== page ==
Saturday, December 31, 2005

Of all the qualities in a manager conducive to innovation initiative, a degree of uncertainty may be the most powerful. If a manager is confident but uncertain – confident that the job will get done but without being certain of exactly the best way of doing it – employees are likely to have more room to be creative, alert, and self-starting.

--- Ellen Langer, Mindfullness (1989) Ch. 8, p 143
The supreme accomplishment is to blur the line between work and play.

--- Arnold

Saturday, December 24, 2005

Some people become radical out of hatred. Others become radical out of love and sympathy. I come out of the second class. I have hated very few people... I have faith, despite the imperfections of the human race, that a better society, a better world, a more just world, a kindlier world can come into being.

--- I.F. Stone, left-wing journalist, quoted in Writer's Almanac, 24 December 2005

Wednesday, December 21, 2005

A fanatic is one who can't change his mind and won't change the subject.

--- Sir Winston Churchill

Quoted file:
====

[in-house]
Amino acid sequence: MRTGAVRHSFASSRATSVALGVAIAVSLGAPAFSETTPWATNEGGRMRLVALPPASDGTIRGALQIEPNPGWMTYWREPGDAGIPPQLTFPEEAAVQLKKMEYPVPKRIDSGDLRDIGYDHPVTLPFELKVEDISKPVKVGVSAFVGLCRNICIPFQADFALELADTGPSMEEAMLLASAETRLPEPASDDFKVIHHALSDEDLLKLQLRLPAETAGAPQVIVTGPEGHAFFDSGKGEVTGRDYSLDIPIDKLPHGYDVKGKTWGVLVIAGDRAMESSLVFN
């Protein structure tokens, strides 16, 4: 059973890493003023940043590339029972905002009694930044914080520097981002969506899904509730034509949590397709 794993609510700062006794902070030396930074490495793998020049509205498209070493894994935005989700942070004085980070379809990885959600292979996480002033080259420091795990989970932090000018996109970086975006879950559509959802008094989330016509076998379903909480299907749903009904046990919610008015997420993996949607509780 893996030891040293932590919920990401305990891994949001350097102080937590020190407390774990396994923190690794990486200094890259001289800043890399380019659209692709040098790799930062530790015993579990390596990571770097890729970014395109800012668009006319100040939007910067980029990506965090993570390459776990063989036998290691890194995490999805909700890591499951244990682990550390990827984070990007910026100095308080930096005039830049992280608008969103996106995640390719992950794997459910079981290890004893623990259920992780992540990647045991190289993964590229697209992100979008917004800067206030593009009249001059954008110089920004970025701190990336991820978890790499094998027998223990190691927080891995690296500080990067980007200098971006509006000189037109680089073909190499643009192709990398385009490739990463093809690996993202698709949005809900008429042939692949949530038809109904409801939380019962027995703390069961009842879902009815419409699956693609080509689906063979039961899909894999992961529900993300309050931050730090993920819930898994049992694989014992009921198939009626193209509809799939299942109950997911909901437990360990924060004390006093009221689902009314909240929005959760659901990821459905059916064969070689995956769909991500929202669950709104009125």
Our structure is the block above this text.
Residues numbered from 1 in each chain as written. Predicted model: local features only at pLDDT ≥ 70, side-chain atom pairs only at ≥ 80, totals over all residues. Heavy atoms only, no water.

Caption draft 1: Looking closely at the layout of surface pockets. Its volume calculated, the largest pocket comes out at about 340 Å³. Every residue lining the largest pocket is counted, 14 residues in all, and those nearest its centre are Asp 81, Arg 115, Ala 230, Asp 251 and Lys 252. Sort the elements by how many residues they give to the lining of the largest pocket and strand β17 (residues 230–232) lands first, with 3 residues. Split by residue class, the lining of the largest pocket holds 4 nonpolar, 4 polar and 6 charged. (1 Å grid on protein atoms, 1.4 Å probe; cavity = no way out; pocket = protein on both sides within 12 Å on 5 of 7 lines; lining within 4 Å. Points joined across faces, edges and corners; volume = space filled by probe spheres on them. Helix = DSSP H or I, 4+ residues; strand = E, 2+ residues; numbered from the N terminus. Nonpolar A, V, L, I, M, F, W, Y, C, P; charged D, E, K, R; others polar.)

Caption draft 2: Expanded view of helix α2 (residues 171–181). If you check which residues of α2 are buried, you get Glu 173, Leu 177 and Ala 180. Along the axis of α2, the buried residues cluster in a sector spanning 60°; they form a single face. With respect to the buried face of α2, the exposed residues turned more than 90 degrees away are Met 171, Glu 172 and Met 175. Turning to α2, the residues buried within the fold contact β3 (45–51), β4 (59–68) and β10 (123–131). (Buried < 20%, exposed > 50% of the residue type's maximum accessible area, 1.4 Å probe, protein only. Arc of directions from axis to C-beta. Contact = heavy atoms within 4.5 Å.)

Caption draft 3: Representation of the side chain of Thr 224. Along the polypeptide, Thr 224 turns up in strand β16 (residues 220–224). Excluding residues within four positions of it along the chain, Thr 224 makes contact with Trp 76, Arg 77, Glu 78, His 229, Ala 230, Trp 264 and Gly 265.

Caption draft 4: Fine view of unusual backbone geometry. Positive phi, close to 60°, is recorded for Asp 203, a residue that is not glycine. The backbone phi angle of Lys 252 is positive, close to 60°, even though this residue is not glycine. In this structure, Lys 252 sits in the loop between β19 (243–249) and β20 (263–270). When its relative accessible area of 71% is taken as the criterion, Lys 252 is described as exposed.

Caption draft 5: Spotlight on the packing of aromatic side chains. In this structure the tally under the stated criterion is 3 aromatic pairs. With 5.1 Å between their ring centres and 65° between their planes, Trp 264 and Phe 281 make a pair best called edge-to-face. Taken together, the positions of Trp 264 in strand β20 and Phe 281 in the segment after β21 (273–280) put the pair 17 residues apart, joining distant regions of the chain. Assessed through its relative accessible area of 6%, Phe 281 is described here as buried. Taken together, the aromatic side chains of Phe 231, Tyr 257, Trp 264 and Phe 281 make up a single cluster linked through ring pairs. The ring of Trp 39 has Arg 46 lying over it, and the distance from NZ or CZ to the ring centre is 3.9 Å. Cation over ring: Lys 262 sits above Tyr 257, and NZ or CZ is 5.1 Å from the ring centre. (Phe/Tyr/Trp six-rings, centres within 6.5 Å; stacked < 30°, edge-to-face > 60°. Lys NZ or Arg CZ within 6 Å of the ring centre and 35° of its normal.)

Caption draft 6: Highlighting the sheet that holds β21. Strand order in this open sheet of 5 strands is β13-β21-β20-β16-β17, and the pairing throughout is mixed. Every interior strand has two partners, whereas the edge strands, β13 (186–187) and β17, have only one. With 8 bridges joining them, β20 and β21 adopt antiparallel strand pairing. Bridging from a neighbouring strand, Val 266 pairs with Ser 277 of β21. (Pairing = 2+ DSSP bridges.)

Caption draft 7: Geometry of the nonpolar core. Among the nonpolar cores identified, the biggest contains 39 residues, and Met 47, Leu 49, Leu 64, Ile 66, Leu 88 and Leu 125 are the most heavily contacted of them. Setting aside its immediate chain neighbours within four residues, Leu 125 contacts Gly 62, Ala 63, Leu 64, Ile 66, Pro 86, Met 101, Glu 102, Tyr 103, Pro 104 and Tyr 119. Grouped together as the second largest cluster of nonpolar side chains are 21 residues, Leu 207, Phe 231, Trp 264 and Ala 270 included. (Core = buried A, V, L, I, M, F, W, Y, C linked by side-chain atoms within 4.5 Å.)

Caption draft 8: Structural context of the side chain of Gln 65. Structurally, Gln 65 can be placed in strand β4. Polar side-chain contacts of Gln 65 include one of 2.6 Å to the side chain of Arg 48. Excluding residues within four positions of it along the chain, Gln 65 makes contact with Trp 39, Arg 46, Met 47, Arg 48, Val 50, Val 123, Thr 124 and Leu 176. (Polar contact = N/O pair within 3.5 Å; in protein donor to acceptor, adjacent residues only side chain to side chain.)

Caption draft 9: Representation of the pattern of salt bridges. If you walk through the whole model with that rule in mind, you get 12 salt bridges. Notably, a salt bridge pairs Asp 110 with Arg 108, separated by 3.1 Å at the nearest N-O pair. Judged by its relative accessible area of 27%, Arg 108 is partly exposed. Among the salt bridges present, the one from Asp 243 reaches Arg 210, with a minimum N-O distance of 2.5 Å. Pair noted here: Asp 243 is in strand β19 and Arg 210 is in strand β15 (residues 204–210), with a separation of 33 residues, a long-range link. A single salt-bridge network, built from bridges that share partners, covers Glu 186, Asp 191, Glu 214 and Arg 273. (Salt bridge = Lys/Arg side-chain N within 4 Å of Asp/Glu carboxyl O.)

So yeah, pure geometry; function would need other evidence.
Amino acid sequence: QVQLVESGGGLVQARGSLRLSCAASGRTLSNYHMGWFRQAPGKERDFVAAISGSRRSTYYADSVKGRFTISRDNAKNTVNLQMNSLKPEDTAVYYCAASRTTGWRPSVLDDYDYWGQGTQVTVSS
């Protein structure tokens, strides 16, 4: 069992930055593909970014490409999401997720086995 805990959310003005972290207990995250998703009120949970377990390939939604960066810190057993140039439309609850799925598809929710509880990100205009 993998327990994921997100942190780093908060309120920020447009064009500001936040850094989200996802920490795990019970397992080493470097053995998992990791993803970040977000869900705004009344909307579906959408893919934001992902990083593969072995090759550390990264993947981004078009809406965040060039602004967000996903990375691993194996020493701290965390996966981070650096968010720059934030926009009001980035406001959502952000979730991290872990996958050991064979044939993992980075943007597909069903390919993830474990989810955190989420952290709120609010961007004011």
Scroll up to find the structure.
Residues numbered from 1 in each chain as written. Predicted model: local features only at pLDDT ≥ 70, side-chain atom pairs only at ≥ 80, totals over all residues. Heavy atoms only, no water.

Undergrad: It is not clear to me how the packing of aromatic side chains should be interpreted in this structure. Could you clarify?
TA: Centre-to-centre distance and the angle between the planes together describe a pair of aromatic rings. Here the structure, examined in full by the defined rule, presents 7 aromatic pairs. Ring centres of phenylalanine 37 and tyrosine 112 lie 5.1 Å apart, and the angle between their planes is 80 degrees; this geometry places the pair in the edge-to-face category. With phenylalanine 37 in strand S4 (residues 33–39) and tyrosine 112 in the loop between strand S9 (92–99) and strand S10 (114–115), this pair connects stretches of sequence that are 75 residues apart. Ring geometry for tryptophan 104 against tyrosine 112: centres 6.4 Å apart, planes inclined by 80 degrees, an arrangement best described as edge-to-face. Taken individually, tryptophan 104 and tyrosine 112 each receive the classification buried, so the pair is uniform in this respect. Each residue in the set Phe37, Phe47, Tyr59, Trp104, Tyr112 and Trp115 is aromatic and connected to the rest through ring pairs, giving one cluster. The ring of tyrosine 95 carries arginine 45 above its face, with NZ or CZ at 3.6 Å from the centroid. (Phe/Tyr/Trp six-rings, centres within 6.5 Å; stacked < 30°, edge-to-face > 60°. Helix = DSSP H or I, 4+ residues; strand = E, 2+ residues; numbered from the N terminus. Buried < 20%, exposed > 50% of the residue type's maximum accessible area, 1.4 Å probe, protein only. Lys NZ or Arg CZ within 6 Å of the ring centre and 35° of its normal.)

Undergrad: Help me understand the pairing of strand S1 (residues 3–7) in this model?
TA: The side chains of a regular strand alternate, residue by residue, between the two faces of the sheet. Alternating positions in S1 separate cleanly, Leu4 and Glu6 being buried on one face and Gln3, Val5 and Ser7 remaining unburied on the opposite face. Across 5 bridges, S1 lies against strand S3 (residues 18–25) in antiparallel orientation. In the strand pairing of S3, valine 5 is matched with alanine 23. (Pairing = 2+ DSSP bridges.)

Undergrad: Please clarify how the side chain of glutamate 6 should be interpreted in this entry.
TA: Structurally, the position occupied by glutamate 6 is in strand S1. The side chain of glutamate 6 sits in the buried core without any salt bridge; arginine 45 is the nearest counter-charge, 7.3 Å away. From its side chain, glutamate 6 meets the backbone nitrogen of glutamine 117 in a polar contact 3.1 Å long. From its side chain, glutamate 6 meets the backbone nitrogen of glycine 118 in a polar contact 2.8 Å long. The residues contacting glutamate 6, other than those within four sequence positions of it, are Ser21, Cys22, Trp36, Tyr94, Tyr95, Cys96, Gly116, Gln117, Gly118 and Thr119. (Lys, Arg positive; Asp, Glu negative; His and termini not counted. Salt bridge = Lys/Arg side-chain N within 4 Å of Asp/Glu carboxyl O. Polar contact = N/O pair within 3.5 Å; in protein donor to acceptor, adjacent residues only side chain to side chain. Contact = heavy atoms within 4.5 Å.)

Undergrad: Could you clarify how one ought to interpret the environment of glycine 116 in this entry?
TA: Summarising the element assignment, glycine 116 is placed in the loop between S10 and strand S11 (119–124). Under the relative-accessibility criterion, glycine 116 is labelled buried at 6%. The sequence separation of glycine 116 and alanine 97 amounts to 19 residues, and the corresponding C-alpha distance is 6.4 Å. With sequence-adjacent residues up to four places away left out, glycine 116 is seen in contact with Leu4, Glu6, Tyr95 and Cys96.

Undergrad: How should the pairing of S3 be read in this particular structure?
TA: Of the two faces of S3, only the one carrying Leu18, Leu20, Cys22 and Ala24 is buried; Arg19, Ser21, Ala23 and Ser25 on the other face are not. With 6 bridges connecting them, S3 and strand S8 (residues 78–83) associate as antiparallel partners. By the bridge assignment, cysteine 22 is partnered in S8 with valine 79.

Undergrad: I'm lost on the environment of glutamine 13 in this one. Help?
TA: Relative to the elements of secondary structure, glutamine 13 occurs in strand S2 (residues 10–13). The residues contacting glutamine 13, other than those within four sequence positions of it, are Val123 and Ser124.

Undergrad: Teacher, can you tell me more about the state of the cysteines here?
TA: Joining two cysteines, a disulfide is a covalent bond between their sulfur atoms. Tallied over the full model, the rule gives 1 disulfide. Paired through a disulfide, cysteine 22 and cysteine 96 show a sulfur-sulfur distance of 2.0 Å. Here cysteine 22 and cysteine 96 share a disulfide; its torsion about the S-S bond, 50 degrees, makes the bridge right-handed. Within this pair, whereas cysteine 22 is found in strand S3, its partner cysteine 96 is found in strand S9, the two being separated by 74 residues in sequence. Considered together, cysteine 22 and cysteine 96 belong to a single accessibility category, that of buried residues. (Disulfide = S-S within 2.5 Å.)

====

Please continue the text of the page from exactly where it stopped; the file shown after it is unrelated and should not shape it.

Tuesday, December 20, 2005

Not believe in Web 2.0! You might as well not believe in fairies!

--- Rex Hammock

Quote courtesy's daily email:
"Not believe in Web 2.0! You might as well not believe in fairies! You might get
your papa to hire Tim O'Reilly to come over to your house and explain Web 2.0 to
you, but even if Tim O'Reilly showed up and you didn't understand what the heck
he was talking about, what would that prove? So what if nobody can actually
explain Web 2.0 without using techno babble and business buzzwords? That is no
sign that there is no Web 2.0. The most real things in the world are those that
neither children nor men can see -- and that's why they develop buzzwords. Did
you ever see fairies dancing on the lawn? Of course not, but that's no proof
that they are not there. Nobody can conceive or imagine all the wonders there
are unseen and unseeable in the world."

-- Rex Hammock explains the mystery behind the elusive concept of Web 2.0

Sunday, December 18, 2005

When everyone is different, the pointing out of differences is merely description. But when everyone is trying to look the same, the pointing out of difference has the ring of prejudice.

--- Natalia Ilyin, Blonde Like Me: The Roots of the Blonde Myth in Our Culture (2000), "Farrah and the Song Girls", p 100